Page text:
A couple of days ago I received through the post a copy of Diplomat Magazine – a magazine which is sent free to all foreign embassy staff in the UK. It took me a minute or so to remember why they would send a copy to me.
This issue contains an article about the London Livery Companies. The online version of the article uses one of my photos (the one of Girdlers’ Hall) but the print version uses three or four more. The publishers had contacted me a few weeks ago telling me that they were going to use my photos and asking if I would like a copy of the magazine.
Notice that I say that they just told me that they were using my photos, not asking if they could use my photos or offering money for the use of the photos. This is because of the way that the photos were licensed. When the magazine found the photos on Flickr they were available under the Creative Commons Attribution Share-Alike licence – which basically means that anyone can do what they like with the photos as long as they a) credit me and b) license their work under the same terms.
On investigation, I found that many of my photos were under the same licence. But the licence I now prefer to use is the Attribution Non-Commercial Share-Alike licence. This licence is the same as the previous one, except that it only applies to non-commercial use. Anyone wanting to use the photos for commercial purposes would need to contact me and negotiate a seperate deal.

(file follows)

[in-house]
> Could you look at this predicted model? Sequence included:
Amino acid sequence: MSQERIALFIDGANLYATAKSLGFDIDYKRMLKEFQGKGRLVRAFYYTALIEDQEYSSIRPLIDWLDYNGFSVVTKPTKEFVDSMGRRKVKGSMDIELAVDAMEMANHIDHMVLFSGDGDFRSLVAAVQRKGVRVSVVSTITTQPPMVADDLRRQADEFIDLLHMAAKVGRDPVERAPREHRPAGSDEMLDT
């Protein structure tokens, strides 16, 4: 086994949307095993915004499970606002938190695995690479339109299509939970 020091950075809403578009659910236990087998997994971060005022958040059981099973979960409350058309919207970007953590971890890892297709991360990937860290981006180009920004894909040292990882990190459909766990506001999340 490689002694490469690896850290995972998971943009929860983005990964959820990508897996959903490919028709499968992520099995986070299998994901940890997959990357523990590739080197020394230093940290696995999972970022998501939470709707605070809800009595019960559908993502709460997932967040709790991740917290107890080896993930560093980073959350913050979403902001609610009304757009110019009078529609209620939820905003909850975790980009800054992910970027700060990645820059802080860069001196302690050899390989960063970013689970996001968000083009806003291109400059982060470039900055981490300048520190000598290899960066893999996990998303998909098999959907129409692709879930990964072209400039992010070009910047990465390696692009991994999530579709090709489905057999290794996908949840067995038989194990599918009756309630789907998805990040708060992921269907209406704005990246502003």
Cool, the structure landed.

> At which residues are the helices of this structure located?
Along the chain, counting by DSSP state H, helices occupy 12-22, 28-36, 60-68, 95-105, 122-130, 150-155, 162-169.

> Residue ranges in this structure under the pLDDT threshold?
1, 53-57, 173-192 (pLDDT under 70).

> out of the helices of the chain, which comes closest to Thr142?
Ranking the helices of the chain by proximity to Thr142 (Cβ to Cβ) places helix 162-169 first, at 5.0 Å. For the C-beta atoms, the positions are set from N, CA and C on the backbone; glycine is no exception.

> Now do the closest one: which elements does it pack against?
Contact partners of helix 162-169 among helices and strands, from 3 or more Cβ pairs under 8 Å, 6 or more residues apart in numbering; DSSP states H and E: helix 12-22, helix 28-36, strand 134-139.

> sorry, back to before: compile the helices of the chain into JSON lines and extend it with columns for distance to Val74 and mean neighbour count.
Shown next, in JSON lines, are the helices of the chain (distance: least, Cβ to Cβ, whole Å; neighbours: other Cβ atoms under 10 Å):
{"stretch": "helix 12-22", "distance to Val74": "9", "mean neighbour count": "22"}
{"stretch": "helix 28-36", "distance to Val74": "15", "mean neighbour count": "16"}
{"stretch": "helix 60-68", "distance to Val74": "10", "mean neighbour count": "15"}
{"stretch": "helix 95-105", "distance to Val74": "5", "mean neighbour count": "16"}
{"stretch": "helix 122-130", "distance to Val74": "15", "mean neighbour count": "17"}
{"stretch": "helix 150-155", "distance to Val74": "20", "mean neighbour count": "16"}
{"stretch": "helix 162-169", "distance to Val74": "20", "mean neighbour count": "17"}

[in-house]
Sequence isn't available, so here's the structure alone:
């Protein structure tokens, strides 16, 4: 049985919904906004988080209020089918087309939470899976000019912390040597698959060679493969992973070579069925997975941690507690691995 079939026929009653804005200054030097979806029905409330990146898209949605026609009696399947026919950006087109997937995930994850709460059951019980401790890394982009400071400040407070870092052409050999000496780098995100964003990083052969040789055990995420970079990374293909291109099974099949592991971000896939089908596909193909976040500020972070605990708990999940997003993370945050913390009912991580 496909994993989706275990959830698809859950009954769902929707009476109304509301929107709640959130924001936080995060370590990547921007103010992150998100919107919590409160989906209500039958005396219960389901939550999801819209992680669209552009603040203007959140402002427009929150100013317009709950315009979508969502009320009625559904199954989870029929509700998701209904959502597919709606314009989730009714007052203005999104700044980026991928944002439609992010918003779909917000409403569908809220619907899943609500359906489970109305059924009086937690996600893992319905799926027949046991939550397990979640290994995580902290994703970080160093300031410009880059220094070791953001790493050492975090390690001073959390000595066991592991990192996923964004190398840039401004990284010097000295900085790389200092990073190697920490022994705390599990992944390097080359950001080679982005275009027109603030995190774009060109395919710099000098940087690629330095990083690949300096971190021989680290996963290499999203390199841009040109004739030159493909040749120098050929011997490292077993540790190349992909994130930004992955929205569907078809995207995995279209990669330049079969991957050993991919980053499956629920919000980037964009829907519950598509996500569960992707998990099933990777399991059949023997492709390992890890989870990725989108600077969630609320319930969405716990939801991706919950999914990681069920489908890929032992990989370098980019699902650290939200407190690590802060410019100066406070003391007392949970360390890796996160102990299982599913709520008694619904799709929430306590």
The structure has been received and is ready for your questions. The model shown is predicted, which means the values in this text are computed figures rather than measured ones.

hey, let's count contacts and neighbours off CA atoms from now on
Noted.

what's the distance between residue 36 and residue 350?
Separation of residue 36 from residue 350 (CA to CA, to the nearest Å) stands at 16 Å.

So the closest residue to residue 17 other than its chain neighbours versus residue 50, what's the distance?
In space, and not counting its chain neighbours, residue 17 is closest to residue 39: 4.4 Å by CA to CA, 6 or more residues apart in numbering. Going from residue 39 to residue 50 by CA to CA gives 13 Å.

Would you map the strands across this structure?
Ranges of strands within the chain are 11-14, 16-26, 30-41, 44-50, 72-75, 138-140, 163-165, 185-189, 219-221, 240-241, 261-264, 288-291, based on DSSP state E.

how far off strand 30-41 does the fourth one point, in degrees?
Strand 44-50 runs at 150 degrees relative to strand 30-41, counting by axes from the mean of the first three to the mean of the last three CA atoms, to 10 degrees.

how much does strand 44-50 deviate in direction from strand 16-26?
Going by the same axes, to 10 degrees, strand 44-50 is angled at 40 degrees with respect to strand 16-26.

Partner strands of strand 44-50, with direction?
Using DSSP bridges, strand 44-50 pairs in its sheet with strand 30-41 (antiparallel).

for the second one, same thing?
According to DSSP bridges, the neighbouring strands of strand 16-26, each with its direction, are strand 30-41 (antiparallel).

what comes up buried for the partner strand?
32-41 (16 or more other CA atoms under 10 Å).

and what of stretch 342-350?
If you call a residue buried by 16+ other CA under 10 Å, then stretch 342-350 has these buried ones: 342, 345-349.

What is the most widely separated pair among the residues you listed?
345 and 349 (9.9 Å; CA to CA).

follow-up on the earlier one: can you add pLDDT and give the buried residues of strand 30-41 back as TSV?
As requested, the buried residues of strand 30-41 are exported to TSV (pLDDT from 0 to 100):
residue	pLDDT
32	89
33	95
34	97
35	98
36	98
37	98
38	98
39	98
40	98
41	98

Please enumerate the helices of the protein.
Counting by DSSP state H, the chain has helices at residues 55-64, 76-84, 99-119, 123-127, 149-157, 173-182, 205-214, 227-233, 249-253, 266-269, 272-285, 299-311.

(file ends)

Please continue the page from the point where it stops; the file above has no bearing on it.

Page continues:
I’ve now gone through and relicensed all of my Flickr photos under the non-commercial licence. But I’m starting to have doubts about whether that is really what I want.
You see, this isn’t the first time that something like this has happened. A while ago, I was contacted by an archeaologist who was using some of my photos of Cahal Pech to illustrate an article she had written about Mayan archeaological sites. Also, like many other people, some of my photos are in a couple of the Schmap guides.
In all of these cases, I’m pretty sure that these companies specifically search Flickr for photos that they could use without worrying about licensing issues. Flickr’s advanced search specifically allows you to search for photos by the Creative Commons licence they are released under. If my photos had been under a non-commercial licence when those searches were carried out then my photos would not have been found and the companies wouldn’t have even know of their existence.
So I need to have a bit of a think about why I take photos and why I make them available on Flickr. Clearly I’m not a professional photographer, so I don’t expect to make a living selling my photos. It would, however, be nice to sell the occasional photo for a small amount of money. I do like to see my photos being used by other people, but do I want to allow people to make money using my photos without me getting a slice? There are plenty of people putting photos on Flickr who don’t care about the issue (or haven’t given it any thought) so there’s no incentive for people who are looking for photos to look for ones that they have to pay for – even if it’s only a small amount.
Currently my photos are all marked as non-commercial use. That means that they aren’t showing up in commercial use searches. Will this mean that no-one ever uses my photos on a commercial project again?
I know that many of my readers put photos on Flickr under a wide variety of licences. I’d be very interested to hear how you chose the licence that you use.